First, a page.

“Sorry,” Gus said. “The Jacques. Six years is a long time. You must have thought you’d wind up with matching tattoos and a gaggle of children.”
“I thought …” I trailed off as I sorted through the alphabet soup in my brain. Gus’s fingers were warm and rough, careful and light over mine, and I had to swim through a resistance pool full of thoughts like I bet scientists could exactly reconstruct him from this hand alone to get to any memory of Jacques. “He was a leading man. You know?”
“Should I?” Gus teased.
“If you’re taking our challenge seriously,” I countered. “I mean that he was romantic. Dramatic. He lit up every room and had an incredible story for any occasion. And I fell in love with him in all these amazing moments we had.
“But then, whenever we were just sitting together—like eating breakfast in a filthy apartment, knowing we’d have to clean up after a big party … I don’t know, when we weren’t gleaming for each other, I sort of felt like we just worked okay together. Like we were costars in a movie and when the cameras weren’t on, we didn’t have all that much to talk about. But we wanted the same life, you know?”
Gus nodded thoughtfully. “I never thought about how Naomi’s and my lives would work together, but I knew that’s what it would be: two lives. You chose someone who wanted a relationship. That makes sense for you.”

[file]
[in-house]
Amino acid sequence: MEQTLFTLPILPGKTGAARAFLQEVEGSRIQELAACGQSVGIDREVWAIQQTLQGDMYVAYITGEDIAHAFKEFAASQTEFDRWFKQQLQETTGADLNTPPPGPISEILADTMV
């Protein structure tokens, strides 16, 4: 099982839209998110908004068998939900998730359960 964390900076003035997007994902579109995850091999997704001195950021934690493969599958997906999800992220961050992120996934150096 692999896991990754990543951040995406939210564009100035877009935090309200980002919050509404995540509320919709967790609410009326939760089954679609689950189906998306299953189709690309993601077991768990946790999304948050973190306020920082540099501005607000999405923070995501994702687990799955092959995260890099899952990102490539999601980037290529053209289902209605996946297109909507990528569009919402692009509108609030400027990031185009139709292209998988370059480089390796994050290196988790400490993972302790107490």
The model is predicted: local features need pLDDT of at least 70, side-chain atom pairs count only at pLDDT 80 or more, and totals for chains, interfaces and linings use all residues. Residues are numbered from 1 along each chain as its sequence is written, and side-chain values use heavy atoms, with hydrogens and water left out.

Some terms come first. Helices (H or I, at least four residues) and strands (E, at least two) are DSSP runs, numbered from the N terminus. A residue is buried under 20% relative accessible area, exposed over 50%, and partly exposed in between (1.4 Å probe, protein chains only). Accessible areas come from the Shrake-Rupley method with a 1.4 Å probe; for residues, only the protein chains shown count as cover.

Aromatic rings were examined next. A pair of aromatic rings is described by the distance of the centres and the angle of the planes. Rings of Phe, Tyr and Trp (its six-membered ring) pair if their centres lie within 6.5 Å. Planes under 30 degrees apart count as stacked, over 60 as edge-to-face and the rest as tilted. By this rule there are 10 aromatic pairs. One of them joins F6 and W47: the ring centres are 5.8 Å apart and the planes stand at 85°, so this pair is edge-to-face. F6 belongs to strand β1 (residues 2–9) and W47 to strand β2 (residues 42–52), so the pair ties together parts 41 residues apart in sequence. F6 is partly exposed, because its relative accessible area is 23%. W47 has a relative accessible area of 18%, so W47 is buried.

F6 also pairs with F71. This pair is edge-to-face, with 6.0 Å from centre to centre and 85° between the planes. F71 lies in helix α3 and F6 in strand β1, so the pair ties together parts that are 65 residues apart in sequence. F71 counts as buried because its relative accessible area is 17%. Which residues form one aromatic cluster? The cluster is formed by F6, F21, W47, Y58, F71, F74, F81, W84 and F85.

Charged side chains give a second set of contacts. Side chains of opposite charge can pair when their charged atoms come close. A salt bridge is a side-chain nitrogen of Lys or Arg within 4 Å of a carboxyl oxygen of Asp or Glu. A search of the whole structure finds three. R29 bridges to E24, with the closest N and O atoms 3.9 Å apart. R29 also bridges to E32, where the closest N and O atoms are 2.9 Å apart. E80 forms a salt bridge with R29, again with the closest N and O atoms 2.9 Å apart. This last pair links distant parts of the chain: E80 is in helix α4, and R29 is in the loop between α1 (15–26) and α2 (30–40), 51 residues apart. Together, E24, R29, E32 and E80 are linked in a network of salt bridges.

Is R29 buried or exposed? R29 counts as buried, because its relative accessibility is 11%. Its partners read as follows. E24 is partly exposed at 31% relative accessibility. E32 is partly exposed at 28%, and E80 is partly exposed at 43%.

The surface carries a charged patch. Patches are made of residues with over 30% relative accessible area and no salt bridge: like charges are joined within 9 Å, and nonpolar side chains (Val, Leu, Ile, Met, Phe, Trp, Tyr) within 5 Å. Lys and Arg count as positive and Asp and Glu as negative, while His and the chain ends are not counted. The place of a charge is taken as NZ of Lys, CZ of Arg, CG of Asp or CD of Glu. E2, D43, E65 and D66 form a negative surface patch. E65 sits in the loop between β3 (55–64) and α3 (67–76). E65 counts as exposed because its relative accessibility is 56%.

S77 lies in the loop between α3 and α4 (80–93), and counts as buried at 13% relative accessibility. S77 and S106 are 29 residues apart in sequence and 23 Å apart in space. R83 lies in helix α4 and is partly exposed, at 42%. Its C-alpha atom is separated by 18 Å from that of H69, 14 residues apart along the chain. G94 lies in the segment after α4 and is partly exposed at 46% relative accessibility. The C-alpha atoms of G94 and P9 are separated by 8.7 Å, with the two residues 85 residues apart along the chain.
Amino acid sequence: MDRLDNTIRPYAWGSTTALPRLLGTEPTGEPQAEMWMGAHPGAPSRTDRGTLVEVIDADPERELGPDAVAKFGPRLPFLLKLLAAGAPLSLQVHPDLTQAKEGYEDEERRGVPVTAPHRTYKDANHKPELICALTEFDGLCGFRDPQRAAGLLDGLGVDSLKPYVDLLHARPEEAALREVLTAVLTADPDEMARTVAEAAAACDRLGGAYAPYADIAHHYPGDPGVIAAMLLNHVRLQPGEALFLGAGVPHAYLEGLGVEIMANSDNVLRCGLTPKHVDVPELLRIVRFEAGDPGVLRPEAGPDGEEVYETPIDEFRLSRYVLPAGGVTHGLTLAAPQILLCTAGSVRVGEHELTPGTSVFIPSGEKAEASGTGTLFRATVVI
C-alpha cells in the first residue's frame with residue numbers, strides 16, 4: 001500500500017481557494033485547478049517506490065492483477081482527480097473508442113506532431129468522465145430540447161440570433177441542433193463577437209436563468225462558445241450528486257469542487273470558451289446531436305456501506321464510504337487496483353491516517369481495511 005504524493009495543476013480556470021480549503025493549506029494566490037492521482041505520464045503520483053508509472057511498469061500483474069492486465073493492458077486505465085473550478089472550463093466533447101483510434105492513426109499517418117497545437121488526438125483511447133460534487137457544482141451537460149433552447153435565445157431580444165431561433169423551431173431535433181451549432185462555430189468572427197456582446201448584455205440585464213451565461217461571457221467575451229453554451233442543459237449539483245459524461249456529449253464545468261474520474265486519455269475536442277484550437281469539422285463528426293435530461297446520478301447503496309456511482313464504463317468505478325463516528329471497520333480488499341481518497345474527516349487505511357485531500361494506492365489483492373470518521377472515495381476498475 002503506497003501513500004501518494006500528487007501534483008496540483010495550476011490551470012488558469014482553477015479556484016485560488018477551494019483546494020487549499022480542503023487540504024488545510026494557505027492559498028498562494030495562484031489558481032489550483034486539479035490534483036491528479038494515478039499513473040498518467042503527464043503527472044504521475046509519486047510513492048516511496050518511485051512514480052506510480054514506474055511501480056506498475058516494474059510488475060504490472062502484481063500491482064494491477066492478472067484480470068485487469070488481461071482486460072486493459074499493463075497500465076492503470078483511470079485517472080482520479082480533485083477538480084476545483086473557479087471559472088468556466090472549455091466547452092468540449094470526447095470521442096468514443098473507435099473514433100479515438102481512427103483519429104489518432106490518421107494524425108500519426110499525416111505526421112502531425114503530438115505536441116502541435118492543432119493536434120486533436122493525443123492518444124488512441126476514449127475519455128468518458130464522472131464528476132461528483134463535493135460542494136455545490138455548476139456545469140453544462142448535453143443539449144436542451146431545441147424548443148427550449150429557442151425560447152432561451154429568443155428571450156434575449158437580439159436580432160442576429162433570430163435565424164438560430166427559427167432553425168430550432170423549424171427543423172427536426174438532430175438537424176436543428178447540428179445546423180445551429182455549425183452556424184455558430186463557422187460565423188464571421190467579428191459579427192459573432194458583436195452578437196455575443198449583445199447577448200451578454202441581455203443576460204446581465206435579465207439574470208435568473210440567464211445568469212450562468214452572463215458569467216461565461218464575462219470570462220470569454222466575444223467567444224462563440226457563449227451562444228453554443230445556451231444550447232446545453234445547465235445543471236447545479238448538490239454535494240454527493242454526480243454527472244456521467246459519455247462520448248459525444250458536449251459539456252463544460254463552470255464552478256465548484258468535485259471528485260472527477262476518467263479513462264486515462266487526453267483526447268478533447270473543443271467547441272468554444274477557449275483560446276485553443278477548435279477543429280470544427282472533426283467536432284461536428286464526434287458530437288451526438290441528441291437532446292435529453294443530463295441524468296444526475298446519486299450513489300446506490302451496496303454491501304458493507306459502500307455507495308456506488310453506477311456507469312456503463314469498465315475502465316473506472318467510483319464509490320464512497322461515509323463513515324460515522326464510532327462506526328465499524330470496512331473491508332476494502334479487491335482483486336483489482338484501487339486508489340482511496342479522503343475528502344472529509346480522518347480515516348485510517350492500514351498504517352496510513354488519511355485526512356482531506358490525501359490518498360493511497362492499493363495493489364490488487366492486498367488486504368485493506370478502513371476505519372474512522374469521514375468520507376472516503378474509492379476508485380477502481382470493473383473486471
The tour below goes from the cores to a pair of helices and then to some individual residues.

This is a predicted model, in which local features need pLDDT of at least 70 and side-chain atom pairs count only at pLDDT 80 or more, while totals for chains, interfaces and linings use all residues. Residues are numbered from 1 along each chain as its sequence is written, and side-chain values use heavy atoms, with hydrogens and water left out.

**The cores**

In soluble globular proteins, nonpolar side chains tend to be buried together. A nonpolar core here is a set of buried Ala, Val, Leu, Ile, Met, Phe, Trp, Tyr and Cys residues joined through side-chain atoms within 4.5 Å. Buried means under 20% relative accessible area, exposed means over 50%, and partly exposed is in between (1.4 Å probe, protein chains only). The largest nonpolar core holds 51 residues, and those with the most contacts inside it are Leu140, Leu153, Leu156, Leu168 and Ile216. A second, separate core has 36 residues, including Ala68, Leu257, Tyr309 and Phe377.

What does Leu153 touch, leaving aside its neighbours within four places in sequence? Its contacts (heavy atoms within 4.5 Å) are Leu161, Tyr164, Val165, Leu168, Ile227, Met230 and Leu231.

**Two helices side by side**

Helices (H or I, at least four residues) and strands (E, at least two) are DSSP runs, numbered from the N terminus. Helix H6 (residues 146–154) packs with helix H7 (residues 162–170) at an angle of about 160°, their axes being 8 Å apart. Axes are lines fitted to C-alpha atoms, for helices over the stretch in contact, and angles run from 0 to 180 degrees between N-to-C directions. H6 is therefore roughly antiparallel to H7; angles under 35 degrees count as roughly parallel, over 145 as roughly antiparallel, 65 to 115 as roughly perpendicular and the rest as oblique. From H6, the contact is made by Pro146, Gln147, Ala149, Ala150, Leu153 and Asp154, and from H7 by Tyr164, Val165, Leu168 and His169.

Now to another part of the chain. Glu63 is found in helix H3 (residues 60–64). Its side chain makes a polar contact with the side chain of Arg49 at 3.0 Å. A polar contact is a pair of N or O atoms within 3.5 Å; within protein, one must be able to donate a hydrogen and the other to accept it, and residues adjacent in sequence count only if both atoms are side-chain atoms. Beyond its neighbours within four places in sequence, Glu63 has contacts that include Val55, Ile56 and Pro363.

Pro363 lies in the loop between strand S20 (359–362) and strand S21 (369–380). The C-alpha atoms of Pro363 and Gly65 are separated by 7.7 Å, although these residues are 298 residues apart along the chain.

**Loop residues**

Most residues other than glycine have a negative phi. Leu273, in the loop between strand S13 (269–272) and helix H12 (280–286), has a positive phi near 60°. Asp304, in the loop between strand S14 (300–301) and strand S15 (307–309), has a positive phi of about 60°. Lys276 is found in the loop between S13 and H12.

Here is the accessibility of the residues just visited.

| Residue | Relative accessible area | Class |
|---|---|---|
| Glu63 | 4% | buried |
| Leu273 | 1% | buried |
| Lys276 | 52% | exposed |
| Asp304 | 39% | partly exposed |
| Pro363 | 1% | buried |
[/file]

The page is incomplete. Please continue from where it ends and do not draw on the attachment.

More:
“Yeah, but that’s not enough.” I shook my head. “You know that feeling, when you’re watching someone sleep and you feel overwhelmed with joy that they exist?”
A faint smile appeared in the corner of his mouth, and he just barely nodded.
“Well, I loved Jacques,” I said. “And I loved his family and our life and his cooking, and that he was passionate about the ER and read a lot of nonfiction like my dad and—well, my mom was sick. You knew that, right?”
Gus’s mouth pressed into a thin, serious line and his brow furrowed. “From our nonfiction class,” he said. “But she was in remission.”
I nodded. “Only, after I graduated, it came back. And I’d convinced myself she was going to beat it again. But a part of me was really comforted by the fact that, if she died, she would have at least met the man I was going to marry. She thought Jacques was so handsome and amazing, and Dad trusted him to give me the life I wanted. And I loved all that. But whenever I watched Jacques sleep, I felt nothing.”